Hi everyone. I've been learning about temperament testing (GSD puppies) and hoping you can help me out with that. My goal is to be able to take a puppy and generally understand that since he tested a certain way in a,b,c categories that he has the potential for (or would be best suited for) x,y,z dog occupations (LE, SAR, sport, therapy, active pet, etc).
So far, I've read a little about the Vollhard and PAWS tests, but would like to learn more about them. I've also heard that dogs who pass the AKC GC have the potential to become service/therapy dogs.
I haven't found any DVD's on temperament testing yet, but I'd like to.
As far as I am concerned, in my opinion, testing should be left to professionals. I believe it takes years of breeding and personal knowledge to know temperment of a pup. I don't think you can just learn it from a dvd, I think it comes with years, like a farmer has towards its livestock. A dvd or a book will teach you nothing, experience will be the tool. And that tool I myself will leave to the Leerburg team!
I agree with Becky. Nevertheless watcching good DVDs or/and Reading books about it can certainly not harm. It helps you to know what you have to observe. It might also help to see if the professional really is one. It will provide you with thhe necessary questions you can ask him and proof him if he can answer them and explain why he values which characteristics. But yes not without a witchcrafty professional!
I've also heard that dogs who pass the AKC GC have the potential to become service/therapy dogs.
I'm pretty sure you mean the AKC CGC (Canine Good Citizen). I think I can address this one small part of your question. Here is a link to AKC's overview of the test. Note that it is for the purpose of promoting responsible dog ownership and the teaching of basic good manners to all dogs. Does passing this mean your dog will have "the potential to become service/therapy dogs"? Maybe, maybe not. It is not a temperament test, per se, and does not cover the specific tasks required of therapy or service dog work. Many dogs who are well-trained and have good manners are still not candidates for therapy or service work, for a myriad of reasons. On the other hand, if an owner desires to go into those kinds of activities with a dog, passing the AKC CGC would certainly be a worthy first step on the ladder.
For something more to think about, AKC now offers advanced levels of the CGC test, those being the CGCA or Community Canine test, and the CGCU, or Urban Canine Good Citizen. The first is a real-life version of the CGC. Most CGC testing occurs in an enclosed and likely indoor setting. The CGCA takes you out into the world into a setting more likely to be encountered by you on a daily basis as you have your dog in public. The CGCU is held in a city atmosphere complete with noise, cars, and distractions.
Therapy dog testing is a whole other subject. There are many different organizations that offer membership, testing, and certification. As you may know, being a therapy dog and a service dog are two very different things, and a dog qualifying for one does not make him qualified for the other.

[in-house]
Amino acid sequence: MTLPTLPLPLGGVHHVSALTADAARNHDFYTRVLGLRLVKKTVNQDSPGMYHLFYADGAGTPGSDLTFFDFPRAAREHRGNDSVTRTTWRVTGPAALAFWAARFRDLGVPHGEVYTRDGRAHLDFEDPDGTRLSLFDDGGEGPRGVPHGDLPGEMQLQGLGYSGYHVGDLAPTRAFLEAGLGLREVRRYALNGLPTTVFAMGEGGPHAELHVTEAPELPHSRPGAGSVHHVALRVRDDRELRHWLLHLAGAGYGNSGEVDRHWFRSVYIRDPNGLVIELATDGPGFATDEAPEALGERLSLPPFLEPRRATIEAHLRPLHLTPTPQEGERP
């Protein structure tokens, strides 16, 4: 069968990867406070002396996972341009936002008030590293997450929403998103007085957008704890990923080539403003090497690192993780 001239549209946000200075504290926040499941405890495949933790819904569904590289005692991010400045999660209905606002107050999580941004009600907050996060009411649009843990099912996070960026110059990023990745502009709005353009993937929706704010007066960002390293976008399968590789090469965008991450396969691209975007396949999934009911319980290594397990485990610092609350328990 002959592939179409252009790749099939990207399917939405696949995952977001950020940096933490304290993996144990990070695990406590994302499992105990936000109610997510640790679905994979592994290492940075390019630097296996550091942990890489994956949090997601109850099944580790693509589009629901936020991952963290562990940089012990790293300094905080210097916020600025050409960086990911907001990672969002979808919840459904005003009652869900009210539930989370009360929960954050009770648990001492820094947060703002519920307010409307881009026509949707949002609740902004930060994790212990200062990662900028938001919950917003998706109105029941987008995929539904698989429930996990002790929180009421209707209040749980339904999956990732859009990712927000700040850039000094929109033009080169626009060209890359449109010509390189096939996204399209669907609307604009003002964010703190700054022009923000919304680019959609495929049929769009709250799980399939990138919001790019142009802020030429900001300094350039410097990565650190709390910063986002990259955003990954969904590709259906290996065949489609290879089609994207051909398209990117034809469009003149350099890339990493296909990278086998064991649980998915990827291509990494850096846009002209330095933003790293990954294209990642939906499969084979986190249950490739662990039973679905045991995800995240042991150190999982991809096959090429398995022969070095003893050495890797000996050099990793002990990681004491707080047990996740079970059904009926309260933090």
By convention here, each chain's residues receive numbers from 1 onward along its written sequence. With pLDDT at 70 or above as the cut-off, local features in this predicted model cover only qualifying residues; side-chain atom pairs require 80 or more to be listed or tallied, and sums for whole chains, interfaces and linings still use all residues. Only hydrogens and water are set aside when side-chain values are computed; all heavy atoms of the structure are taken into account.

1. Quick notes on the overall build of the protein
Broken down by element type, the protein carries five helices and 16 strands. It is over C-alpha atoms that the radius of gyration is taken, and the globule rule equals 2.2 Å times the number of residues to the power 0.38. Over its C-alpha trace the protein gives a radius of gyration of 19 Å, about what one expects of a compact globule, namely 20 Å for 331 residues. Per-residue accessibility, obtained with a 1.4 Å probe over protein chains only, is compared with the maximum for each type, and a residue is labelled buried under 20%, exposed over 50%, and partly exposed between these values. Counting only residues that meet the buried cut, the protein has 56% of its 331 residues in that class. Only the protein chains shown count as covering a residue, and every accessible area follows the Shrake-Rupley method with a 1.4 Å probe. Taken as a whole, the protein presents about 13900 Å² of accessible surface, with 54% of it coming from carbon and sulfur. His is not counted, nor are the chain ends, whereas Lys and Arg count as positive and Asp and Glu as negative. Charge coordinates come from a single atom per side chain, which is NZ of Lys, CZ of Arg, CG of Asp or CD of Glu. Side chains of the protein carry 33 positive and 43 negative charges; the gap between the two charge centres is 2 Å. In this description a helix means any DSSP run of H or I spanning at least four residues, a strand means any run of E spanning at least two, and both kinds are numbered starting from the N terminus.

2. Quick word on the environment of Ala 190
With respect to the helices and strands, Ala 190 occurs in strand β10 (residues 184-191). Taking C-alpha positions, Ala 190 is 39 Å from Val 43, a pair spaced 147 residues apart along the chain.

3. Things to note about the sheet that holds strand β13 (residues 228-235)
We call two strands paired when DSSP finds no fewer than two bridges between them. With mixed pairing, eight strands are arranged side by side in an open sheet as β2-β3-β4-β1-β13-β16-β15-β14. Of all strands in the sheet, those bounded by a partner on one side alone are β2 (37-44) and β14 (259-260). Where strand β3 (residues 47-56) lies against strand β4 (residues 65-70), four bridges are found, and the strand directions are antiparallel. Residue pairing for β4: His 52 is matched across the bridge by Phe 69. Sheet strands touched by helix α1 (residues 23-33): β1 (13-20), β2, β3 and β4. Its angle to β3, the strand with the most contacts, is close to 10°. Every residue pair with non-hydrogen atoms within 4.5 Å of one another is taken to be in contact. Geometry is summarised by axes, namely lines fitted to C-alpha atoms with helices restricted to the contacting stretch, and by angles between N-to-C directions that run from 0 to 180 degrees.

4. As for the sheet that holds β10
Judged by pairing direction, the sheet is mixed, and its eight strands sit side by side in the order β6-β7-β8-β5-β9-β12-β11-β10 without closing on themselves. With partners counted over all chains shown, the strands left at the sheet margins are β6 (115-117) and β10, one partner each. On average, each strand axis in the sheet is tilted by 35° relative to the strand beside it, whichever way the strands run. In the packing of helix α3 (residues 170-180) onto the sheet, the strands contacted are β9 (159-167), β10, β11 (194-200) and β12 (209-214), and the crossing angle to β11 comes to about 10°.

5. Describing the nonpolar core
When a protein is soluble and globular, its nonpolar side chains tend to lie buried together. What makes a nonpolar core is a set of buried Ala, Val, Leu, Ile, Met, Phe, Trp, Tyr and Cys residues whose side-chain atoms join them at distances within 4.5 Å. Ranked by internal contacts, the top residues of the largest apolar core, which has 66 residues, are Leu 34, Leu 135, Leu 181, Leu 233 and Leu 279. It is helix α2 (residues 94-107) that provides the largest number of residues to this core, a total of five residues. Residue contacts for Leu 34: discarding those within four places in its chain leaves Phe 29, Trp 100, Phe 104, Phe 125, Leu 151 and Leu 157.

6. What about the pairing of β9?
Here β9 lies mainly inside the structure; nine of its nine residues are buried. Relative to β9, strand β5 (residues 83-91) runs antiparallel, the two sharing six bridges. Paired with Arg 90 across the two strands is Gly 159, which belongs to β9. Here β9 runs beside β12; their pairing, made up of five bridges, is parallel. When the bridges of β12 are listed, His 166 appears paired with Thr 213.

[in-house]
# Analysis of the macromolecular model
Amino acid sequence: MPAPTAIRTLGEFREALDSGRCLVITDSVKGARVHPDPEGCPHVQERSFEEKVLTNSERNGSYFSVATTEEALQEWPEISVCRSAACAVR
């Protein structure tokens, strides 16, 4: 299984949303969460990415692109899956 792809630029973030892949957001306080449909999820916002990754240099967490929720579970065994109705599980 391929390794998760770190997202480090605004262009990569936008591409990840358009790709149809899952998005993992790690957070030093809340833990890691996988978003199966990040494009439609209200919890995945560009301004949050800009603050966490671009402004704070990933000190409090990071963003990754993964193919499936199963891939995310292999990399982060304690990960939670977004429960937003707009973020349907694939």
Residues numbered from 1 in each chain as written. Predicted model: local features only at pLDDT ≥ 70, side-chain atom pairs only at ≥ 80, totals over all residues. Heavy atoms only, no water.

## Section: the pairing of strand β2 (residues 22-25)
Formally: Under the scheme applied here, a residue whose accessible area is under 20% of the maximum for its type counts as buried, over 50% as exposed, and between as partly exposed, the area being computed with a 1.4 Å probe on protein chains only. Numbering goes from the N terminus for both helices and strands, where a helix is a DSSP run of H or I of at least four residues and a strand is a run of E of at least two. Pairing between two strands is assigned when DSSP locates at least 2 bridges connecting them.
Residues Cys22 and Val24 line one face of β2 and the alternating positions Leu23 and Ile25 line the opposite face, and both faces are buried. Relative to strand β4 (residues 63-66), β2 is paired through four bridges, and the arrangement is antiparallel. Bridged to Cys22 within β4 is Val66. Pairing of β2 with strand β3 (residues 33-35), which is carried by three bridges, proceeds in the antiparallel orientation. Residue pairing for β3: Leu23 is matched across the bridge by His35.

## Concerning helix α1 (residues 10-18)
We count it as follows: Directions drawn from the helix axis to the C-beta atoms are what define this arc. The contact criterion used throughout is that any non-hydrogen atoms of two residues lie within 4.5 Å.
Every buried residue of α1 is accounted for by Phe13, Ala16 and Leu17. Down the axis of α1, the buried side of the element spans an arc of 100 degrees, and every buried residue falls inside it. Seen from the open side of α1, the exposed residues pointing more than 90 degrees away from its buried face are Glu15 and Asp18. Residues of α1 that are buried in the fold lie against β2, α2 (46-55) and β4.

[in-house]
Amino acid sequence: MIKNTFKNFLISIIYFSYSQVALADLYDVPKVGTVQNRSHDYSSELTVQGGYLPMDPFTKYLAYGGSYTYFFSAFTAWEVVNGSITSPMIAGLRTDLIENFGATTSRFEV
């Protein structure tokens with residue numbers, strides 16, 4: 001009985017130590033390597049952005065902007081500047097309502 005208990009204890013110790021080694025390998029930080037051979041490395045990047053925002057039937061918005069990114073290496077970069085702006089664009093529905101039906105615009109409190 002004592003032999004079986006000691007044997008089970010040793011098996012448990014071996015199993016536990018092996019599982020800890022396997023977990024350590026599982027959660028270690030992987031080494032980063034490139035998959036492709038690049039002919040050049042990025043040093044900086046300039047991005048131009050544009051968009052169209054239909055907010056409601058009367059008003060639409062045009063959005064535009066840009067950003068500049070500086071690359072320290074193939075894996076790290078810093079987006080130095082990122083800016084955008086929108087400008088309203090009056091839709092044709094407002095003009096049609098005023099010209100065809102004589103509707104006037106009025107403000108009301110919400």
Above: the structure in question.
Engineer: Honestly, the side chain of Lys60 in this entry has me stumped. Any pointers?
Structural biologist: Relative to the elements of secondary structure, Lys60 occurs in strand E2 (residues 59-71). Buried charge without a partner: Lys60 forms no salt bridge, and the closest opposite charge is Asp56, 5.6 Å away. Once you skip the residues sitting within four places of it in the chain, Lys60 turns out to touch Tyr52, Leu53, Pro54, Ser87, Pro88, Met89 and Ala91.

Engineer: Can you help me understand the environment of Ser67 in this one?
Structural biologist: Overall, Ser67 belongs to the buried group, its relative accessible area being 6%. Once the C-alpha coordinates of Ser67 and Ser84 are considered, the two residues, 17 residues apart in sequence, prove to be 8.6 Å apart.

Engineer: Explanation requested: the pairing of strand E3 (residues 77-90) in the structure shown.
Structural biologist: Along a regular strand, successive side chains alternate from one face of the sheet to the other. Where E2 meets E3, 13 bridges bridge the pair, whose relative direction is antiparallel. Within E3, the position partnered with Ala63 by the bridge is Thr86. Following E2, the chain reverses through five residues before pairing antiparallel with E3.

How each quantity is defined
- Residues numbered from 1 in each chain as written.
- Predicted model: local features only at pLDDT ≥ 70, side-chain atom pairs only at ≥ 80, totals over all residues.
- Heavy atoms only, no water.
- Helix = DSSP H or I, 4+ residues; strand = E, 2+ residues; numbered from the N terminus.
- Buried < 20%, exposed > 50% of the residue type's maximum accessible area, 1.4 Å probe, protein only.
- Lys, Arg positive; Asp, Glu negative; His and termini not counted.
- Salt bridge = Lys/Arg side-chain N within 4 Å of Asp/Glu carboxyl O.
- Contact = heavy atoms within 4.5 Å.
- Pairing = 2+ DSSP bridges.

The key word here that you used is POTENTIAL. That does not mean that life won't intervene and change things... environment and training are crucial to the pup getting up to his potential - in many cases great pups have been ruined by inexperienced trainers.
Also keep in mind that puppy attitudes can change from day to day - what a pup tests like one day he may not test the same the next. That's why it's crucial to get the breeder's input on the puppy - he's seen that pup from day one and knows more about it than anyone giving a puppy test will ever know.
Puppy tests are highly subjective - what I would score a 3, another person might score higher or lower - it's like a teacher scoring an essay test - everyone will have a differing opinion on what they see in front of them.
Knowing what the bloodlines are will tell you more about the potential than anything - if it has multiple working titles in its line, it's likely going to have a good work ethic, and should do well no matter what you do with it.
This is where early training and environment kick in - if you work a young dog wrong, you can likely damage that work ethic and keep the pup from reaching his full potential.
The CGC, again is a test, and dogs have good days and bad days. The CGC means that on the day of the testing, the dog passed all of the test items. Does that mean the dog will never bite anyone? No. Does that mean the dog will be a great therapy dog? No. It just means that the dog passed those test items. That's it. For example, I can pass an Algebra test today. Does that mean that I can call NOBEL today and tell them to get my prize in mathematics ready? Probably not. If I take the same test in 2 years, I likely won't remember much that's on it.
I love it when people say they get "pick of the litter" - what does that mean to them? It would likely be a much different dog than the one I would pick... just sayin'
I don't understand anything about this. But it's very fascinating to follow the exchange between you people about this topic.
My husband and myself didn't think nor know anything about bloodlines, tests for a certain purpose and only little about breeds. We simply chose our Pits because someone near us had coincidentally a litter. Could have been Dobermans or any other breed of a certain size. The other two are rescue dogs from the street, so we had no knowledge about their background.
As I won't go into any dog sport, nor intend to train a service dog, I thought it didn't matter what we choose. But at least we had the Pits examined by a Vet before buying.
According to which directives would you choose if you wanted just family dogs?
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